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Continental's Augmented Reality HUD puts information on the road


August 5, 2014

The Continental AR-HUD prototype brings augmented reality to the windshield

The Continental AR-HUD prototype brings augmented reality to the windshield

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Displaying your speed on the windshield can be handy for keeping under the speed limit, but Continental is taking things to the next level with its Augmented Reality Head-up Display (AR-HUD) prototype. In addition to showing your current speed, the system can overlay information on the road specifically where it is most relevant to the driver, such as the distance to the car in front, when to make a turn, or even upcoming driving conditions.

The system draws data from the vehicle's camera and radar and combines it with the vehicle's dynamics data, digital maps and GPS positioning, which is used to create a model of the external view of the car as seen from the driver's perspective. This allows the system to project the augmented information onto the windscreen at the correct visual point for the driver.

The system overlays full-color graphics on the real road view in a 130 cm (51 in) wide by 60 cm (23 in) high section of the driver's field of vision at an optical-equivalent distance of 7.5 m (24 ft). The Digital Micromirror Device (DMD) technology used in this system is claimed to be the same as that used for digital cinema devices, such as the Odin Handy Projector.

As part of this system, navigation symbols – such as turns – are directly incorporated in the forward field of view, so that the driver doses not have to look away to a GPS device located elsewhere in the vehicle. Similarly, when distance controls such as Adaptive Cruise Control (ACC) are enabled, a crescent-shaped icon displayed by the AR-HUD denotes which vehicle in the field of view is detected by the assistance system and the driver is kept alerted to any stray movements from their own vehicle line by an incorporated lane-monitoring alert.

"In a world that is becoming increasingly complex, the AR-HUD relieves the burden on the driver with a new quality of information," says Helmut Matschi, a member of the Executive Board at Continental. "In the augmentation, we are connecting what the driver's eyes see with explanatory information. The AR-HUD is an important step in the direction of holistic human machine interfaces in cars for a more comfortable, more economic, and safer driving experience. Drivers receive all important information before their eyes in an easily comprehensible way. This is a major step against driver distraction and sensory overload, both now and in the future."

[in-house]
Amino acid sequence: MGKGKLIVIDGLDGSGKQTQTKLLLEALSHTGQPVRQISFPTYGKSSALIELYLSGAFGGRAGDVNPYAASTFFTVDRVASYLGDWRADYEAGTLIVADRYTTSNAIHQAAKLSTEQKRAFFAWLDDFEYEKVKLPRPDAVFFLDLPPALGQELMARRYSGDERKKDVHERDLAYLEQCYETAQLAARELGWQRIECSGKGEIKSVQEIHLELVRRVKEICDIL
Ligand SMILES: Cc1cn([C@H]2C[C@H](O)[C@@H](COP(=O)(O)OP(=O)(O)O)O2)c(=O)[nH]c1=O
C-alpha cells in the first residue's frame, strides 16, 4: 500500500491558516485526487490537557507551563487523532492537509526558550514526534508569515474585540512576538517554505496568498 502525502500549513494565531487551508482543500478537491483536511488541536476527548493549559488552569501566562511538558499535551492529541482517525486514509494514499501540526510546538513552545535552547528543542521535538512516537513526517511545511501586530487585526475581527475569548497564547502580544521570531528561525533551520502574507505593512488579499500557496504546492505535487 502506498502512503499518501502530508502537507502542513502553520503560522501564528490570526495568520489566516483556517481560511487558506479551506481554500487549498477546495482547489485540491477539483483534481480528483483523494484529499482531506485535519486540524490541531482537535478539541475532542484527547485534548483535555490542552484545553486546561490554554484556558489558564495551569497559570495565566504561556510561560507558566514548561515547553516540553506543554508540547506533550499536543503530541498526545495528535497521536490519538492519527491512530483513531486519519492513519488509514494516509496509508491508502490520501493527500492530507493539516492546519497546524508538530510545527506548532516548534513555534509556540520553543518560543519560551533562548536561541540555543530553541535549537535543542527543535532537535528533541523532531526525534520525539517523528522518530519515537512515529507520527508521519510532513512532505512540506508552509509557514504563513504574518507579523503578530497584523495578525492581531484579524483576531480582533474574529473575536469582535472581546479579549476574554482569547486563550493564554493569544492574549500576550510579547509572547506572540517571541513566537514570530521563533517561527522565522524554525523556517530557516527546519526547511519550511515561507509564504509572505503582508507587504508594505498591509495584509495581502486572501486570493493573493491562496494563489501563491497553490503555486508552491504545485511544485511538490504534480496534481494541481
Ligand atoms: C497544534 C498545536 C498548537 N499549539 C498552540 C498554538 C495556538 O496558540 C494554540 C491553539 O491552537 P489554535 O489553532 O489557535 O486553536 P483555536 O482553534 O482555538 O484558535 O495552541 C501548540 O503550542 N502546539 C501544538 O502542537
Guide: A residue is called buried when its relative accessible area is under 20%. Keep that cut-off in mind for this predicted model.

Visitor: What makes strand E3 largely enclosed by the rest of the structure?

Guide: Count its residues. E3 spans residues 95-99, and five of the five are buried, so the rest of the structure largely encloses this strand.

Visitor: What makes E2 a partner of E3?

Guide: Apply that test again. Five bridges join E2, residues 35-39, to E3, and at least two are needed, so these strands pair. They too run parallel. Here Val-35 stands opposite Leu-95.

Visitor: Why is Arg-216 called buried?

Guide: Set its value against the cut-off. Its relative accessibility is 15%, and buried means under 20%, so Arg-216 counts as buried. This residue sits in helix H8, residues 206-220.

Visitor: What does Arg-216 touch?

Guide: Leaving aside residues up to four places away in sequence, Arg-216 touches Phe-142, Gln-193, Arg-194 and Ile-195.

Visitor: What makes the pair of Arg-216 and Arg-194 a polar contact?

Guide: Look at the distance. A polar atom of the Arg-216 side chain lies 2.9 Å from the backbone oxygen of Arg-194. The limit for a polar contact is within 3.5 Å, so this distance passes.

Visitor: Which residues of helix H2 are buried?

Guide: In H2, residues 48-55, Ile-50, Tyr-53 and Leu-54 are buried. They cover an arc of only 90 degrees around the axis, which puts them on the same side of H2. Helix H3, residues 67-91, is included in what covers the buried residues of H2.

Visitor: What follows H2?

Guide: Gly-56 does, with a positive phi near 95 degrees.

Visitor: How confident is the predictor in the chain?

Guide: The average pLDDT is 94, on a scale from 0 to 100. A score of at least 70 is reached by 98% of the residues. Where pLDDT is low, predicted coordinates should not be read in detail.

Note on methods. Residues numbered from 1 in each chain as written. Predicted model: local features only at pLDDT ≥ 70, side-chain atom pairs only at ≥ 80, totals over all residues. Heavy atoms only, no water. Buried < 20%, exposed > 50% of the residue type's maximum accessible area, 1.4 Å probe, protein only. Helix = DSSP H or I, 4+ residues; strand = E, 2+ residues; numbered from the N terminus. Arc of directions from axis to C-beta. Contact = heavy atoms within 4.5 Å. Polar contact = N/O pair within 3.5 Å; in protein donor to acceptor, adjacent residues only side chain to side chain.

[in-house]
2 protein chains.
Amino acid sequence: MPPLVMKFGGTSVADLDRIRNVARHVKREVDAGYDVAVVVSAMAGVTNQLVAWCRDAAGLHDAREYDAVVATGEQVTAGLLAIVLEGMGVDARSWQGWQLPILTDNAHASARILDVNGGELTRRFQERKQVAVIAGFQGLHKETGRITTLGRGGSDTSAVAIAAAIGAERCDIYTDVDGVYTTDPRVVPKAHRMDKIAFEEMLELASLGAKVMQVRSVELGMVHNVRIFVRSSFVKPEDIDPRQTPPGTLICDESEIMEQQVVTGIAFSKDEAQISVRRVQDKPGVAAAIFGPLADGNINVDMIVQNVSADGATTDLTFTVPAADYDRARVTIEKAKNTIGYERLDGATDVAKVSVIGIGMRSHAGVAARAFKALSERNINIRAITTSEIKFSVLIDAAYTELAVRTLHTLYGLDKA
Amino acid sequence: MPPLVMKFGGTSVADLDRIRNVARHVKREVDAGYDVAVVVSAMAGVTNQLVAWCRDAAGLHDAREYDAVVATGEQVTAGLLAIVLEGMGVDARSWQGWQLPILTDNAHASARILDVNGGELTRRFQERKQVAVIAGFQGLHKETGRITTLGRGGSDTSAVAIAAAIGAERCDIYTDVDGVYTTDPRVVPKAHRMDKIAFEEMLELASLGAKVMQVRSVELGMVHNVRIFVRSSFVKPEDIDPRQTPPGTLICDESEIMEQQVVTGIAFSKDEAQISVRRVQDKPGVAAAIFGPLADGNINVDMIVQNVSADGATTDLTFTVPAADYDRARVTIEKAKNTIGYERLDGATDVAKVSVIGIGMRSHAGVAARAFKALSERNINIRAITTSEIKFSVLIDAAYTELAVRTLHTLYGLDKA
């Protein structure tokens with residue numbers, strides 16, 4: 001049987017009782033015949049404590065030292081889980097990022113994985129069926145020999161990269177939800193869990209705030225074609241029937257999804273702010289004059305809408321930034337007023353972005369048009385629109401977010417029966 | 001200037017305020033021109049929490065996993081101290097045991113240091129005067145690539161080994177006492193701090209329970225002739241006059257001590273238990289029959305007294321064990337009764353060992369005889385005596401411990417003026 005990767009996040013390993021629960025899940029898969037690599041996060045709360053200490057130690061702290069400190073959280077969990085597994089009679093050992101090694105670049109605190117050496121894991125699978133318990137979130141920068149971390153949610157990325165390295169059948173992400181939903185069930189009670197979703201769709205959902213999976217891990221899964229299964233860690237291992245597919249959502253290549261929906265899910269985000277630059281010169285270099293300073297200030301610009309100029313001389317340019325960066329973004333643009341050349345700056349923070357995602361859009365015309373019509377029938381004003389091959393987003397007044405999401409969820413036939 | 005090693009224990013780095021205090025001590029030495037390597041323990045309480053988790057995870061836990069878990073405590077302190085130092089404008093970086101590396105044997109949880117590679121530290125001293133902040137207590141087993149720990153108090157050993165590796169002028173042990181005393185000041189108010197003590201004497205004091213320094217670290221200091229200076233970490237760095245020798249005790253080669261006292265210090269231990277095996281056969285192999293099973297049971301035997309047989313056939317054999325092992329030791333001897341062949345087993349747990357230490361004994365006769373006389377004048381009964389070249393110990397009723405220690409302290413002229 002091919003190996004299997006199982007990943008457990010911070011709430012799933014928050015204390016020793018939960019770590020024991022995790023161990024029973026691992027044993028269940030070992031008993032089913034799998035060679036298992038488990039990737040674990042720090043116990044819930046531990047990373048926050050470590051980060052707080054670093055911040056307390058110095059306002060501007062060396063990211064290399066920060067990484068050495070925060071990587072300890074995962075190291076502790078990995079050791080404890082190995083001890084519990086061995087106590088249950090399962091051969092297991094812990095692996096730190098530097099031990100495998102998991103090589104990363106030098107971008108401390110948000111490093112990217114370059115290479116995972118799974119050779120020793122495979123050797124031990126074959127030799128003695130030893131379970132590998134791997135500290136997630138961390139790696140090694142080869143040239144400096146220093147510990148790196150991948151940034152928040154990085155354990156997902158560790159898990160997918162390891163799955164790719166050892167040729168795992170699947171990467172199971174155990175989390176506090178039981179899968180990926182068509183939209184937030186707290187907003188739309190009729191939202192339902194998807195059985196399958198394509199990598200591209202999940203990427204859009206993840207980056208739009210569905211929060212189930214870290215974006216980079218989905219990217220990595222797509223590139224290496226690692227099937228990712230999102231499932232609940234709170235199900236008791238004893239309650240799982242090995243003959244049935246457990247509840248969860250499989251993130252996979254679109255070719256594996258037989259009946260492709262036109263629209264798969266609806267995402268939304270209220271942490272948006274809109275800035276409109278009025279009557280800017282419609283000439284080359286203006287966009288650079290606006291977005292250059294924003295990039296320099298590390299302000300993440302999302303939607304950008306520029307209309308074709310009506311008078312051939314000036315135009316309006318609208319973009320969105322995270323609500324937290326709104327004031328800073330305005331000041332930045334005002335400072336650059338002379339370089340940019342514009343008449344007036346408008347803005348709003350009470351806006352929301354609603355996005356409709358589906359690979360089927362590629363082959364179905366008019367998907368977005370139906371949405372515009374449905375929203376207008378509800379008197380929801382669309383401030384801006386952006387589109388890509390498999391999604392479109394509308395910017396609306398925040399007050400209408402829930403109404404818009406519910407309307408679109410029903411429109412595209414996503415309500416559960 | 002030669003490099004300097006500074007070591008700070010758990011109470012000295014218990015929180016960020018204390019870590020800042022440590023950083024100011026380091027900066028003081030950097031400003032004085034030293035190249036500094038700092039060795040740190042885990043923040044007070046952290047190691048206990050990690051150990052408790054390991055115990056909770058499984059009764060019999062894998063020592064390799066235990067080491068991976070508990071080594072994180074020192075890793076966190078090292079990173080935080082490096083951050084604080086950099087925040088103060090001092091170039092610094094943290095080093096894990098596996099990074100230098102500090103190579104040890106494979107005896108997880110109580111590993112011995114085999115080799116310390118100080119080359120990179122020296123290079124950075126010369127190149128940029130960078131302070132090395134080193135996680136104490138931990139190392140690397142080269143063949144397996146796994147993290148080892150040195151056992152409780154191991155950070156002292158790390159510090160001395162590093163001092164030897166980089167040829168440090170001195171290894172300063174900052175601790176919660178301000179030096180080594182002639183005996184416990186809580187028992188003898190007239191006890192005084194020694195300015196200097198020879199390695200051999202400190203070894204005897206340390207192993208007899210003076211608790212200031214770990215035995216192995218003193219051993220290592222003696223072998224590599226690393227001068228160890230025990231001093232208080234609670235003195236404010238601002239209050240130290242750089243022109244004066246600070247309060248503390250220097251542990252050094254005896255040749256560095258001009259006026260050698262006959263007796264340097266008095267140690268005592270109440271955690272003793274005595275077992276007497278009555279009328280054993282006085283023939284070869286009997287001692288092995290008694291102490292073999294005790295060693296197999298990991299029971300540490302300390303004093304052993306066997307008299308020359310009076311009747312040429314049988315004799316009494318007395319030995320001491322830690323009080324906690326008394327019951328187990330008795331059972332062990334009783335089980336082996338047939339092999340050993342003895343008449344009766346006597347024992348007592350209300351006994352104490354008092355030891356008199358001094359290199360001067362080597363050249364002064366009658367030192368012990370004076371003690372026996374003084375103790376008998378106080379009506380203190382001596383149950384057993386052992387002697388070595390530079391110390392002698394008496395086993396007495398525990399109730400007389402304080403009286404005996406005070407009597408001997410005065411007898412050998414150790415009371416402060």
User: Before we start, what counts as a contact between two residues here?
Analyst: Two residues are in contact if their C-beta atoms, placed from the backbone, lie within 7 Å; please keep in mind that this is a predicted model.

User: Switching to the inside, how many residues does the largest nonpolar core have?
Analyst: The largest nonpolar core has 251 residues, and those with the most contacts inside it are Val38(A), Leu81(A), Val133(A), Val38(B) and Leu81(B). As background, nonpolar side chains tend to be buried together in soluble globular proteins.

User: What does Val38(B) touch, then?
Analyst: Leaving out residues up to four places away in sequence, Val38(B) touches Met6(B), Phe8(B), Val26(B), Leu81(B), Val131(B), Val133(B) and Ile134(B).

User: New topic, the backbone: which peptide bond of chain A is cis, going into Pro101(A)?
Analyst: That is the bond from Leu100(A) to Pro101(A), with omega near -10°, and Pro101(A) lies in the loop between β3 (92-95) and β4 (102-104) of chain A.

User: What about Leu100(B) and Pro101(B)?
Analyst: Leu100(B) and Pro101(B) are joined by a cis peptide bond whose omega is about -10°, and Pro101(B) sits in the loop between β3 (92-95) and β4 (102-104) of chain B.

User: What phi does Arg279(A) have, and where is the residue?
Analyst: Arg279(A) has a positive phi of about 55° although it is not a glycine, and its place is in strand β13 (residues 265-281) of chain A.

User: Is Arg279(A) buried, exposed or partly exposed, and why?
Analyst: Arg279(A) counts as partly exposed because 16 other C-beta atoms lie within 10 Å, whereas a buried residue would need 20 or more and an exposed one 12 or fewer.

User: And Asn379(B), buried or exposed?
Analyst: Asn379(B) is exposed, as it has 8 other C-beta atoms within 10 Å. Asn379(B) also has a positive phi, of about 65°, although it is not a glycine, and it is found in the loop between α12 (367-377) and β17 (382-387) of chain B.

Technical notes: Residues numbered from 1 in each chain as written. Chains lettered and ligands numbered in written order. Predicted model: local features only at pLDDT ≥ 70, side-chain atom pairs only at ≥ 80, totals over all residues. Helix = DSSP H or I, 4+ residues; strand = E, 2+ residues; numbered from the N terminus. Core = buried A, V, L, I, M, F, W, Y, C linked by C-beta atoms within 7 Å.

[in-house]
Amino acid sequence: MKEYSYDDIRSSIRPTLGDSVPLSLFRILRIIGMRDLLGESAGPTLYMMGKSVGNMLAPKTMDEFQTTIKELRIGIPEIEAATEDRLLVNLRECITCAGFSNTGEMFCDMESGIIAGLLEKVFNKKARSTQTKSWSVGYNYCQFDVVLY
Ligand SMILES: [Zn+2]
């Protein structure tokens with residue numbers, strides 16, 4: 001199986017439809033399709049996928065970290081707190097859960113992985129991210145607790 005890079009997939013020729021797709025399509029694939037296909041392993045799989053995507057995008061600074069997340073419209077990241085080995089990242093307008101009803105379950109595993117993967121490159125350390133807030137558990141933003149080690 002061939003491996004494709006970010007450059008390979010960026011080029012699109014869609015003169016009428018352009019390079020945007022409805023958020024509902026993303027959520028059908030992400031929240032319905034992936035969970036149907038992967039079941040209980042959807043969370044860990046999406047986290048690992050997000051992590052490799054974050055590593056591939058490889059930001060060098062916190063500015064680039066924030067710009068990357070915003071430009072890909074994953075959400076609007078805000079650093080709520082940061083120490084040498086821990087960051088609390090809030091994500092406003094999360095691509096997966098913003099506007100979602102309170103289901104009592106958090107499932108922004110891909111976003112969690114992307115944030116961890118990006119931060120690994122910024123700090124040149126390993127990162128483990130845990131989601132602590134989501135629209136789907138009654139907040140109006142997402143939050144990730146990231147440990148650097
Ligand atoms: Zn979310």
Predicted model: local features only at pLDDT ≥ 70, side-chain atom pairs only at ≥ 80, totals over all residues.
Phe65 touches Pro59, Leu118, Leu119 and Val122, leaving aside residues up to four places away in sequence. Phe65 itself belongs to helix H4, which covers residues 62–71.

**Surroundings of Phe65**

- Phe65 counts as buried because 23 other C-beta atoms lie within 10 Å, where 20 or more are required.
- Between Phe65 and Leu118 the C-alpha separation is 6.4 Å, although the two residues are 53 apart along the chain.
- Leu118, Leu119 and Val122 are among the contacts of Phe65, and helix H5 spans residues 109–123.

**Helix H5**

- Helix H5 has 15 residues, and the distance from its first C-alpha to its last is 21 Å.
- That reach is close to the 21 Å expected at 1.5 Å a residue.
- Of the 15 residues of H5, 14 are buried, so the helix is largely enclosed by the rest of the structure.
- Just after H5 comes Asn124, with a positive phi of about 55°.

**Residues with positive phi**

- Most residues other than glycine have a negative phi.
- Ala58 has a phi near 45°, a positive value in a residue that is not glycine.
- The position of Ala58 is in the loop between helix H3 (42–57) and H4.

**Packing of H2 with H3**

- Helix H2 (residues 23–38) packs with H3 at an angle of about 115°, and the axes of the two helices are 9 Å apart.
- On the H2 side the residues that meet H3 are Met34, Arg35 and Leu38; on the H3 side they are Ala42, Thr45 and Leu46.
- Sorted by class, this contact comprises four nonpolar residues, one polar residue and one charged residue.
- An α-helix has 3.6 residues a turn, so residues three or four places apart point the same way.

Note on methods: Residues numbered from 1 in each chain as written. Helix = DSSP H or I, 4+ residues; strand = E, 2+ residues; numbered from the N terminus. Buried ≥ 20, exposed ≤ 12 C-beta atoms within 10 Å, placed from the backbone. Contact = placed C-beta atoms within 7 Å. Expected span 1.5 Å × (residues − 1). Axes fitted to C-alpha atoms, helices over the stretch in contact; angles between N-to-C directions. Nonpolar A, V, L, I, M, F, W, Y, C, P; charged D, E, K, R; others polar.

Developed from previous HUD systems that are currently incorporated in many European cars, the new system is in an advanced stage of development and has already been integrated into a demonstration vehicle. However, unlike other systems that are being developed for racing vehicles – such as Jaguar's Virtual Windscreen – which require specific race-track telemetry to provide information on other vehicles, the Continental AR-HUD collects its data using standard on-board electronics systems.

Continental is planning to have a production-ready version of its AR-HUD available in 2017 for purchase by automakers for incorporation in their production model vehicles.

Source: Continental

About the Author
Colin Jeffrey Colin discovered technology at an early age, pulling apart clocks, radios, and the family TV. Despite his father's remonstrations that he never put anything back together, Colin went on to become an electronics engineer. Later he decided to get a degree in anthropology, and used that to do all manner of interesting things masquerading as work. Even later he took up sculpting, moved to the coast, and never learned to surf. All articles by Colin Jeffrey

The GPS mapping, complete with speed limits, should be in the hands of the local authorities so that temporary features such as speed restrictions, diversions, road works, traffic accidents etc. can be included and removed (downloaded on a cellular basis in real time by their highways departments.)

If the fly-by-wire throttle/speed potentiometer signal is then linked to this system, worrying about speed limits would be a thing of the past. (It should also lead to hefty discounts on accident insurance.)

Whilst I cannot see autonomous cars lasting long in the real world simply because there are too many unknowns, many of which are Rumsfeld's unknown unknowns, taking the best of systems like this and marrying it to the best of autonomous vehicle systems should give us a much better driving experience in the not too distant future.

Mel Tisdale

Every car should be built with a HUD, they are fantastic. We have one in our 2007 5-series BMW and when we have looked at possible replacement cars, the first thing we look for is to see if it has a HUD. As well as the usual speed, cruise control and other information, the fact that you can see all the turn-by-turn navigation information without taking your eyes off the road is worth its weight in gold. If you have a chance to get a car with or without a HUD I recommend that you spend the extra as you will not be sorry.


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Stephen Russell
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